The destruction of Confederate Monuments, while believed to be justified (cultural cleansing), is both ignorant and insensitive. Those who destroy the monuments think that removing such monuments will remove the reminder of racism from society. However, the removal of such monuments provokes anger and injustice by saying the events of racism never occurred, and also does not allow society to mourn and honor its deceased.
- As president of a cultural heritage organization, I feel obligated to weigh in on the current controversy over Confederate monuments. The semi-hysterical push to remove them is, I strongly believe, a mistake, a dangerous precedent, and an exercise in ignorance. Mobs pull statues down. ISIS destroys monuments. Fanatics rewrite history to edit out the bits they don’t like. Our country should not be walking down that road.
- My nonprofit helps people in conflict zones protect their endangered heritage sites or rebuild them if they were damaged by war or terrorism. For example, we are working to restore the last remaining Judaeo-Christian pilgrimage site in the vicinity of Mosul, the only one that was missed by ISIS in its rampage. From my vantage point, the idea that the way to deal with history is to destroy any relics that remind you of something you don’t like, is highly alarming. It’s bad enough when some insane bunch of fanatics has this idea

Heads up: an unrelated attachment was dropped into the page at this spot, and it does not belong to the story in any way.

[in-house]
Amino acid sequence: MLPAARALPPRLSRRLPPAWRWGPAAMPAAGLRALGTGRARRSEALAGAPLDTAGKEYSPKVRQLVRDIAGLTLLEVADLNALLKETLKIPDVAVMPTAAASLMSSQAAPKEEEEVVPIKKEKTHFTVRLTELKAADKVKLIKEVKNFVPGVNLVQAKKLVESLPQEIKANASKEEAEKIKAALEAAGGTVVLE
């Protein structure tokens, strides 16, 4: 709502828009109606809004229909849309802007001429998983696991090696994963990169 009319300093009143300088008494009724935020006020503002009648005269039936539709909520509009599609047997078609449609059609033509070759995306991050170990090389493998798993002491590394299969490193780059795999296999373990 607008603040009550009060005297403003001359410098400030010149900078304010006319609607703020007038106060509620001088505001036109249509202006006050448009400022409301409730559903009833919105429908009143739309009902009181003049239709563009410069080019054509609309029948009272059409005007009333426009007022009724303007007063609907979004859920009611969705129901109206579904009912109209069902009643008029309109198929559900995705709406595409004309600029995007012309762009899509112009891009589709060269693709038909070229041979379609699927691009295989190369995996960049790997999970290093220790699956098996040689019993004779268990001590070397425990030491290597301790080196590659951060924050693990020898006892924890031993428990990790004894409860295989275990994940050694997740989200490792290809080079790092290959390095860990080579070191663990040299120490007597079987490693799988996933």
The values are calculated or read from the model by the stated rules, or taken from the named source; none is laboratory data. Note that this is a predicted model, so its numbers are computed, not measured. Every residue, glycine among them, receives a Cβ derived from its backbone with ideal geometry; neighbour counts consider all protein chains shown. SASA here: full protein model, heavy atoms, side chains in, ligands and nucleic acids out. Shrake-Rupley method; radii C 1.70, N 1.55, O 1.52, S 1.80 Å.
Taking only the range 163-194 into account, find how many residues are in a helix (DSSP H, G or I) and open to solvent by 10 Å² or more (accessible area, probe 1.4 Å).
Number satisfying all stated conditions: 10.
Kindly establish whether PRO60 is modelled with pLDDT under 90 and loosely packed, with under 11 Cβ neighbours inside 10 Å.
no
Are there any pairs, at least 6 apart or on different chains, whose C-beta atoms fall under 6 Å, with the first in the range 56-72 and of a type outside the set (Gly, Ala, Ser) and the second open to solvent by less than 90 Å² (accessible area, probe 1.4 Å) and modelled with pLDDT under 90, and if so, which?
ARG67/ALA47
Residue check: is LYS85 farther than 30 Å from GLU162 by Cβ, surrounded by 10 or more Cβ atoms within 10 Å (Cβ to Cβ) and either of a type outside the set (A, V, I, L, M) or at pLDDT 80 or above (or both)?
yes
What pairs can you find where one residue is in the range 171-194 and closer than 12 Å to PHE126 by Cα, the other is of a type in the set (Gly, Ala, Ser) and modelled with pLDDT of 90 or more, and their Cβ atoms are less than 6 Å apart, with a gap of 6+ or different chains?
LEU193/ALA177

- To the Taliban, the ancient Buddhas of Bamiyan were impious remnants of a pre-Islamic age, idols that deserved to be blown up. Now these irreplaceable, priceless and beautiful statues are gone, lost to the world. ISIS dynamited Palmyra (“a heathen site”) and many other beautiful and valuable places
“Remove its reminders from public spaces, and you are helping to remove it from society.”